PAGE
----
Absence making the heart grow fonder has never been more apposite than when describing my grá for my county and my club. Helping out the Derry comms team is a treasured connection to home. So, when Ciaran’s missive arrived on a Friday evening, and I was already a couple of Jack Daniels less the wiser, I instantly messaged back to say I was on board for what would become WeAreDerry.
There’s a dedicated team of volunteers who look after Derry GAA’s comms output. WeAreDerry has been led by Ciaran. Niall McGlinchey creates the branding and design elements that make the output look so sharp. Ben McGuckin Derry’s performance analyst provides technical know-how. Dermot McPeake is the backroom fixer who seems to know every Gael from Loughs Neagh to Foyle. Paul McIntyre and myself provide some Limavady sagacity.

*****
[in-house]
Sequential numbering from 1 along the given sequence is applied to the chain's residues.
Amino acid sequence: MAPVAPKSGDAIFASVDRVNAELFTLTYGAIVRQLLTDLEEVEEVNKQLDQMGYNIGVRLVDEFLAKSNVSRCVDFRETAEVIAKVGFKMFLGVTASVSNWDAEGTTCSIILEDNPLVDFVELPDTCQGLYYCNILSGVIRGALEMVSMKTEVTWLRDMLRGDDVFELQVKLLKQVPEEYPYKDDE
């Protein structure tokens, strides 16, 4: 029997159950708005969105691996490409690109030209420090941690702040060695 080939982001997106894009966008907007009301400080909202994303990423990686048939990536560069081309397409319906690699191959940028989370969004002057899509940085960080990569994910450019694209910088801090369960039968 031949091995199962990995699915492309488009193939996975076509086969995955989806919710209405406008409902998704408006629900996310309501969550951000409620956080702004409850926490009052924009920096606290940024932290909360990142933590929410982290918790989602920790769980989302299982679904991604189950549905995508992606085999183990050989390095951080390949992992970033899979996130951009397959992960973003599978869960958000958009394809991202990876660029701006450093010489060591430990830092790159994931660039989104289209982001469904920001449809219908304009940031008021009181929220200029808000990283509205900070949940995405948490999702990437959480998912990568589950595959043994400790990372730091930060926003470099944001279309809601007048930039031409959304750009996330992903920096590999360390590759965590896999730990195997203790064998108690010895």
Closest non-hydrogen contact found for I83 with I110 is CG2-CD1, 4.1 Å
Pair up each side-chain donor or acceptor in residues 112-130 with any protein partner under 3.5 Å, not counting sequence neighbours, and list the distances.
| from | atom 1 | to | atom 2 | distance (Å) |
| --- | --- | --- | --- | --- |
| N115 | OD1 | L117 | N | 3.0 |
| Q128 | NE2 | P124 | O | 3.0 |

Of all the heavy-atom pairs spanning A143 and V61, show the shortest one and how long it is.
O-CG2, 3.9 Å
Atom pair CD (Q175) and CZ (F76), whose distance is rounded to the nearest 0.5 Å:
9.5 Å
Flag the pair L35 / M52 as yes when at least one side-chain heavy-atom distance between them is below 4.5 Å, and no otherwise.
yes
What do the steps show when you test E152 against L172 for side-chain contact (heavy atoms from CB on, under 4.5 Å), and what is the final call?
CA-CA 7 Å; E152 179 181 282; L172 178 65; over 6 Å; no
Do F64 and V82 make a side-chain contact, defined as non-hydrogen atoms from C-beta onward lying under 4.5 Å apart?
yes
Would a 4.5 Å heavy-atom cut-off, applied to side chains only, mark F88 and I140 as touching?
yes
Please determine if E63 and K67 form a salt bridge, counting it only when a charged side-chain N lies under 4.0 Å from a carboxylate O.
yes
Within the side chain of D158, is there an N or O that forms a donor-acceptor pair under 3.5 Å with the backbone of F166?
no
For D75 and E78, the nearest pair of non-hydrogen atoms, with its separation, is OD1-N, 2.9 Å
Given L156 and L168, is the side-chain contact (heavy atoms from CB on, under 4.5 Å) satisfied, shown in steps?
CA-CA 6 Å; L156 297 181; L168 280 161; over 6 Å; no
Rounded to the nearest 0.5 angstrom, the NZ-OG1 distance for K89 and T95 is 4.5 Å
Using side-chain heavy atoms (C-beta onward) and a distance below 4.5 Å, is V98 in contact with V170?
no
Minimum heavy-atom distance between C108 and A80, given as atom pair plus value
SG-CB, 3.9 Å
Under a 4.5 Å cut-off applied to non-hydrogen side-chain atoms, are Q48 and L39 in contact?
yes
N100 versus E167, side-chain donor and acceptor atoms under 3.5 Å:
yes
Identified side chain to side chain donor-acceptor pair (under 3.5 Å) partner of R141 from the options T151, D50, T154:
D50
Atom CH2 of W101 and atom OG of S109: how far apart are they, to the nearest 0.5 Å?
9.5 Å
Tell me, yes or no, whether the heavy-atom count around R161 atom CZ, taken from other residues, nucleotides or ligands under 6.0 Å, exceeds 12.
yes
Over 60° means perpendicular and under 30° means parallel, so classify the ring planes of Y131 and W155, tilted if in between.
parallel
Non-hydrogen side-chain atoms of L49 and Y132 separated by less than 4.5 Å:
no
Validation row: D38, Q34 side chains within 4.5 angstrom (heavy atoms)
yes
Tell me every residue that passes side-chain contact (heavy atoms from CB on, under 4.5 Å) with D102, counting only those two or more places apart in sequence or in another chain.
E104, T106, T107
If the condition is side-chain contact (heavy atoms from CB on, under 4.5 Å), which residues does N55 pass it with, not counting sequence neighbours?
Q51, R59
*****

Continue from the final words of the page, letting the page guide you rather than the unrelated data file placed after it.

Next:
The first big creative decision came from Ciaran who, rightly recognising the original VintageDerry moniker had the ring of a second-hand clothes shop on Shipquay Street, renamed the project WeAreDerry.
There have been limitations to what we can do in terms of the moments we can highlight. We are guided in part by what archive footage we can dig out. We also made a deliberate call that we wouldn’t be focusing on 1993. Our All-Ireland year has already been covered by the ‘Men who won Maguire’ jubilee project in 2018. This meant we couldn’t just roll out the greatest hits. But that structure has allowed us to remind people that there’s a lot more to the history of our county teams than one glorious summer in the early 90s.